A Buddhist goes through the Twelve Steps to find God within. A book of compassioon and grace. -- -Ondrea and Stephen Levine, authors of One Year to Live

"In a wise, honest and personal way, Kevin Griffin has written a book that will be truly helpful to Buddhist practitioners and the Twelve Step community alike." --Jack Kornfield, author of A Path with Heart, psychotherapist, and co-founder of Spirit Rock Meditation Center."A Buddhist goes through the Twelve Steps to find God within. A book of compassion and grace." --Ondrea and Stephen Levine, authors of One Year to Live and Embracing the Beloved.

In a wise, honest and personal way, Kevin Griffin has written a book that will be truly helpful to Buddhist practitioners and the Twelve Step community alike. (Jack Kornfield, author of A Path with Heart )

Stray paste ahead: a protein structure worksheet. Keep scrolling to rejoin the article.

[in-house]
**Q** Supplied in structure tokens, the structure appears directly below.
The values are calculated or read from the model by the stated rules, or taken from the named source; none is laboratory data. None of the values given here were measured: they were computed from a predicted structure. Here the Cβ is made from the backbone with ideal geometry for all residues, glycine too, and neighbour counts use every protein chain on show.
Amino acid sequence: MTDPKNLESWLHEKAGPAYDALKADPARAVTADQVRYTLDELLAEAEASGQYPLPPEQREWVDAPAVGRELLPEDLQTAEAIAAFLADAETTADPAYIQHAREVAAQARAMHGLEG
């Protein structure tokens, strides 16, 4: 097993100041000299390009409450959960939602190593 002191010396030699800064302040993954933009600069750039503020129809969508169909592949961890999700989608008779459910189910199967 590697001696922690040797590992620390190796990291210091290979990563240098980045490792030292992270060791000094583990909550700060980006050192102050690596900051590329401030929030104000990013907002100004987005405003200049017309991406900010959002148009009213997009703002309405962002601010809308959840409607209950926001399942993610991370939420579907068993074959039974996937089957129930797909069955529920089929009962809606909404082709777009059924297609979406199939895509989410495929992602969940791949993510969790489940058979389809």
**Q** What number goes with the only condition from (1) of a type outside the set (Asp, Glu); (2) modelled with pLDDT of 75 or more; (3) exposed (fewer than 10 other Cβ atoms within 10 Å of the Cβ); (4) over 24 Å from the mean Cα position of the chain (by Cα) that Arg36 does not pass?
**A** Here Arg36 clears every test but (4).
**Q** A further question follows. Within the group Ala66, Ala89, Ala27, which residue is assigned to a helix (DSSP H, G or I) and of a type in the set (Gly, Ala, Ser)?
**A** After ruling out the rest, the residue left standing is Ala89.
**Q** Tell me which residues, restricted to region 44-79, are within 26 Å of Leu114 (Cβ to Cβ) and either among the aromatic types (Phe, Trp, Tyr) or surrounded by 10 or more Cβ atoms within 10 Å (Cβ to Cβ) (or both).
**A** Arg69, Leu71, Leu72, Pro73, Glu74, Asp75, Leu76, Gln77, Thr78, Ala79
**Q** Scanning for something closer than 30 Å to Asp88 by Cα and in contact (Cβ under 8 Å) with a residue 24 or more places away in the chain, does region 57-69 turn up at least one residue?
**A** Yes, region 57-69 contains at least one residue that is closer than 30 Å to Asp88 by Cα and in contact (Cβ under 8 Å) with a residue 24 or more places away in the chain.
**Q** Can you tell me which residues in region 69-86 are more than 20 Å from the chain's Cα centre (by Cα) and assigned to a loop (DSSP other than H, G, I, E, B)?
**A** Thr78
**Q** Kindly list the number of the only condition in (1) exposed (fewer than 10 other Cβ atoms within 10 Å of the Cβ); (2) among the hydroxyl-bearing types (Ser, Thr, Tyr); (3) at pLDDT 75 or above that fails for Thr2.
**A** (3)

A Buddhist goes through the Twelve Steps to find God within. A book of compassion and grace. (-Ondrea and Stephen Levine, authors of One Year to Live )

Product Details

Customer Reviews

Most Helpful Customer Reviews
165 of 171 people found the following review helpful
5.0 out of 5 stars Heartfelt, personal, moving and helpful September 15, 2004
Format:Paperback|Verified Purchase
While I've never been through a 12-step program, I have been meditating for 8 years. During that time I've read many wonderful books about Buddhism and meditation. But this book is special in two ways.

First, by writing with honesty, courage and humor about his own difficult path in life - Mr. Griffin creates a connection with the reader that goes way beyond the 'conceptual' focus of many books on the subject. Yet at the same time, it never devolves into a confessional. It's still a book that teaches, not rants. It's full of excellent practical advice, insight, and some very useful exercises. But it teaches from an unusually personal and vulnerable place.